Jeffrey S. Gould
Action Media Productions


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David Roth WeissRe: Travel Expenses...Me or Client?
by on Apr 29, 2008 at 5:16:30 pm

[Mike Cohen] "being reimbursed for travel expenses is not greed, it is generally standard practice."

Agreed! And, charges should typically be door to door. Meaning, if you leave the house at 5am to catch a flight, the clock starts ticking at 5am. I may make adjustments, such as half my normal rate for travel, depending on the job and the budget, but my time on the job begins as soon as that job takes me away from my ability to work on other jobs.

David Roth Weiss
Director/Editor
David Weiss Productions, Inc.
Los Angeles

POST-PRODUCTION WITHOUT THE USUAL INSANITY ™


A forum host of Creative COW's Business & Marketing, and Indie Film & Documentary forums.


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Mike CohenRe: Travel Expenses...Me or Client?
by on Apr 29, 2008 at 6:11:05 pm

{david roth weiss} my time on the job begins as soon as that job takes me away from my ability to work on other jobs.

One can never of course say this to a client - every client is the number one priority :)

Our prices reflect the expertise of our personnel, as well as the time spent out of the office (this out of office cost is implied, although generally not questioned by a client - if they don't like the quoted rate they will say so).

Don't ask, don't tell. If a client does not say "justify your $3000/day rate" then you needn't justify it.


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David Roth WeissRe: Travel Expenses...Me or Client?
by on Apr 29, 2008 at 6:26:50 pm

[Mike Cohen] "One can never of course say this to a client - every client is the number one priority :)"

Agreed!!! However, one needs to be aware of these things and apply them consistently, otherwise customers can feel as though you're padding instead of charging an otherwise "customary" charge.

David Roth Weiss
Director/Editor
David Weiss Productions, Inc.
Los Angeles

POST-PRODUCTION WITHOUT THE USUAL INSANITY ™


A forum host of Creative COW's Business & Marketing, and Indie Film & Documentary forums.


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Orin JenkinsRe: Travel Expenses...Me or Client?
by on Apr 30, 2008 at 1:49:37 am

Hi Jeffrey:

When you are shooting on spec you usually pay your own way with the hope that you'll not just impress the client with your talents but also that you are secure enough in your business to be able to shoot on spec. If you do great then your new client will know that they have to pay it all in the future; but they've probably done this before.

If your client is a newbie then they'll appreciate any knowledge you can give them, short of giving away the job, in how to handle future jobs. I take along Talent Releases, Location, Children, and Expense Agreements -- all sorts of releases so that I know I can cover myself and that there are no further business questions to ask nor answer.

If you gave a quote I'd recommend you stick to the quote to look more dependable and educated in the business. If you call back and start adding one item the client may expect in the back of their mind that you may call back with other little updates as you go along. Don't take advantage, and absorb your forgetfulness as a lesson learned.

If the client comments when you get there about your travel expenses you can either say you forgot (nope) or that you shoot spec as spec; with this honesty they may reimburse you or come to some other agreement with you concerning your "good will" as a spec shooter. Maybe they'll buy you lunch AND give you the shoot.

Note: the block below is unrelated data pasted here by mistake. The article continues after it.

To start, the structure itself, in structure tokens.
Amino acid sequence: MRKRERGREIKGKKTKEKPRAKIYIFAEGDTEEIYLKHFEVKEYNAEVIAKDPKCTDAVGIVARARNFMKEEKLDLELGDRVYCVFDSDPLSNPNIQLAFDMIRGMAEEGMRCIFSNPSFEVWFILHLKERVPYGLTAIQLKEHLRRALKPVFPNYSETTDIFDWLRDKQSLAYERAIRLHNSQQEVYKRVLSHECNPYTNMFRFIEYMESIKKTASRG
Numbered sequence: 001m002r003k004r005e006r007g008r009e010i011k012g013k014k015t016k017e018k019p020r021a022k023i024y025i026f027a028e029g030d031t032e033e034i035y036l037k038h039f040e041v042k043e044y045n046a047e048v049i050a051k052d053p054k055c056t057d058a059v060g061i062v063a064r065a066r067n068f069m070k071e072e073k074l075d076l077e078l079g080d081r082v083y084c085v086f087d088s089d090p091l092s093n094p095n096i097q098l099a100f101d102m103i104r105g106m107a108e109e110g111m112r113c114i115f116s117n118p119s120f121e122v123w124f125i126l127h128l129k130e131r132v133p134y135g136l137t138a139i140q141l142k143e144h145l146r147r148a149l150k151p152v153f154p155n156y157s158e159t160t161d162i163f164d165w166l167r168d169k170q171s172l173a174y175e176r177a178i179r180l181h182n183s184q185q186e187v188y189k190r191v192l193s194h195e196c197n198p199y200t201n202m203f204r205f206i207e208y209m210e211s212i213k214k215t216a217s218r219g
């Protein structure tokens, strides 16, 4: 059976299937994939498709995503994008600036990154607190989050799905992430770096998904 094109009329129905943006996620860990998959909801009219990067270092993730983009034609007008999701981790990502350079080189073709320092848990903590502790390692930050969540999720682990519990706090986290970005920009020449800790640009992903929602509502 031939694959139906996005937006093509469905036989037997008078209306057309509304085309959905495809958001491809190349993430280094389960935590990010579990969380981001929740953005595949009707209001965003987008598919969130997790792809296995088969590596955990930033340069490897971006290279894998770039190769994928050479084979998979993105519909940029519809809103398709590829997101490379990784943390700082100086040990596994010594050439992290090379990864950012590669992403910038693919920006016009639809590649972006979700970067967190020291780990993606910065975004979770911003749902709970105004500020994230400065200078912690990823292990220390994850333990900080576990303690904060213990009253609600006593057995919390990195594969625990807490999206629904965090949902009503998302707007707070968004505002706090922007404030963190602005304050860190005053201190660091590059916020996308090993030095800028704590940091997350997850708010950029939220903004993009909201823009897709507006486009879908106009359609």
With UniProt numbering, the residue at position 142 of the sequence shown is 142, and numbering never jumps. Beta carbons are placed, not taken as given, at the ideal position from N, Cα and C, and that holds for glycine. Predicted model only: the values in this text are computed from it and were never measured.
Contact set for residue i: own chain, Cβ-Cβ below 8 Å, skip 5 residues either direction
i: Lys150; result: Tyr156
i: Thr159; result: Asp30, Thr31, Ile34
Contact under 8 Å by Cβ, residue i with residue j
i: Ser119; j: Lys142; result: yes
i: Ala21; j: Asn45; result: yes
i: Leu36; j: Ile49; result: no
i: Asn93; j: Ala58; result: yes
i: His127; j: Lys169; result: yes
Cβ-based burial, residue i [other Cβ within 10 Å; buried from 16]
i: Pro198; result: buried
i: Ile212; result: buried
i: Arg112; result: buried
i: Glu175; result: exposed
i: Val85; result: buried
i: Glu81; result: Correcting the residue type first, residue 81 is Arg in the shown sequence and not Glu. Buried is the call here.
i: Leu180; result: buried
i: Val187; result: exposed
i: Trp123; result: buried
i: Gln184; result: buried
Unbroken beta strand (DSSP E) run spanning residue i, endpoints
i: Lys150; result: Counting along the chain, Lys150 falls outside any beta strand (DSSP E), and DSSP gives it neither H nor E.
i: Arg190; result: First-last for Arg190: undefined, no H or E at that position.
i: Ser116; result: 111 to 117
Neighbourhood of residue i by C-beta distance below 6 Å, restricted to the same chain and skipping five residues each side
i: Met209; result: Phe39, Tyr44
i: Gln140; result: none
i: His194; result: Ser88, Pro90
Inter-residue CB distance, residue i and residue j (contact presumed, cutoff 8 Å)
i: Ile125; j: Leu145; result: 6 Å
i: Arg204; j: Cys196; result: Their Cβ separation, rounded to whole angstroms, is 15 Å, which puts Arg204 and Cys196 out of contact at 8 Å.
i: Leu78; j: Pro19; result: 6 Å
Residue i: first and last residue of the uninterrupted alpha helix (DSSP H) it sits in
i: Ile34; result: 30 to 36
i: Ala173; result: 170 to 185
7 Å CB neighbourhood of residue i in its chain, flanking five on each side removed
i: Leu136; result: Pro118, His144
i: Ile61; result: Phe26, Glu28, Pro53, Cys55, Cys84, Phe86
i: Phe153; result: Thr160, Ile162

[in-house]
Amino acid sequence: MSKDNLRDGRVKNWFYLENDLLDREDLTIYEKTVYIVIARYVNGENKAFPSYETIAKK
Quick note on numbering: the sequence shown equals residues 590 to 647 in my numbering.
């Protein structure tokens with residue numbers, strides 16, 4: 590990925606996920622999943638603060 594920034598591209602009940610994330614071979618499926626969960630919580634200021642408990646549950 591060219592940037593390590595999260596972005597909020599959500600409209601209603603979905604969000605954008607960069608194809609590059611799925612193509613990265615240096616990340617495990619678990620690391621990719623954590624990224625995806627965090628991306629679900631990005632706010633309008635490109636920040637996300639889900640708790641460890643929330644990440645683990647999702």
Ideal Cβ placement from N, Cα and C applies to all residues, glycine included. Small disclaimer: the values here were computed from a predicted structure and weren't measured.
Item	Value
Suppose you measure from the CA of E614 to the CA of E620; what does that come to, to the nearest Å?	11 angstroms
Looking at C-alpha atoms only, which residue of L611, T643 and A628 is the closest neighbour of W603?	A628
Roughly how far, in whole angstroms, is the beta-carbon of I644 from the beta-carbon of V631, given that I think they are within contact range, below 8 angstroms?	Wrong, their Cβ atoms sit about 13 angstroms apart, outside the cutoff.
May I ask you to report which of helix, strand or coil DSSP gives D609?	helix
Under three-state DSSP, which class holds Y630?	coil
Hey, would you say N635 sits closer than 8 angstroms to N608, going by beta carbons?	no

Repeat business is what you need these days to keep it in the bank instead of their pockets.

I hope you work things out and your honesty pays you back.

Director: The Photo College.com teaching all what they love about capturing things, then letting them go into the eyes of others.


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Jeffrey GouldRe: Travel Expenses...Me or Client?
by on Apr 30, 2008 at 2:16:29 am

Orin, I think you misunderstood...my trip this week is just to present myself, my work and to see their facility...so in that way, it is a spec and I have no problem flying on my "dime".

The questions was that if I book the job, can I then present a proposal with an added line item of "Travel Expenses" even though I gave them a verbal for the project? From what I got from some of the posts here, is that they are two separate things, the work and the travel. You made some great points about honesty and client perceptions and I'm known by family and friends as "honest to a fault". Does my explanation change your views about adding the travel at all?

Jeffrey S. Gould
Action Media Productions


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Jeffrey GouldRe: Travel Expenses...Me or Client?
by on May 2, 2008 at 3:04:43 pm

Hi, Just wanted to give an update on how this all worked out. I updated my written proposal to say "plus travel expenses, estimated to be $900-$1,1100". I gave my presentation yesterday, the doctors loved it, asked how much, I gave them the proposal, he signed it with no questions asked. I then asked the Administrator (who really wanted me to book the job) if they are OK with the travel and she replied "he signed it, all you have to worry about".

Nice to have people on your side, the Panera Muffin Tops didn't hurt. So thank you to all who gave me the confidence to pass these charges along to the client...where they should be.

Jeffrey S. Gould
Action Media Productions


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Mike CohenRe: Travel Expenses...Me or Client?
by on May 2, 2008 at 3:46:56 pm

mmm, Panera muffin tops...


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Mark SuszkoRe: Travel Expenses...Me or Client?
by on May 3, 2008 at 8:30:11 pm

I once did a 2-3-day freelance corporate shoot in Frisco for an Oakbrook Illinois company. Instead of me adding the travel and hotel bill to my invoice, they just had their own in-house travel department book and pay for my flight and hotel; we (about 50 people) were all going to the same conference that I was going to record, and they could get a bigger discount using their own booking agent, so we all saved money on that deal.


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grinner hesterRe: Travel Expenses...Me or Client?
by on May 4, 2008 at 9:08:47 pm

When ya start handing your time away for nuthin, ya soon can get int he red. If you actually pay... well, thats red from the get-go.
Bottom line is it deserves investment, do it. If it's just another gig, it's their penny. I charge the same for travel time as I do for anything else.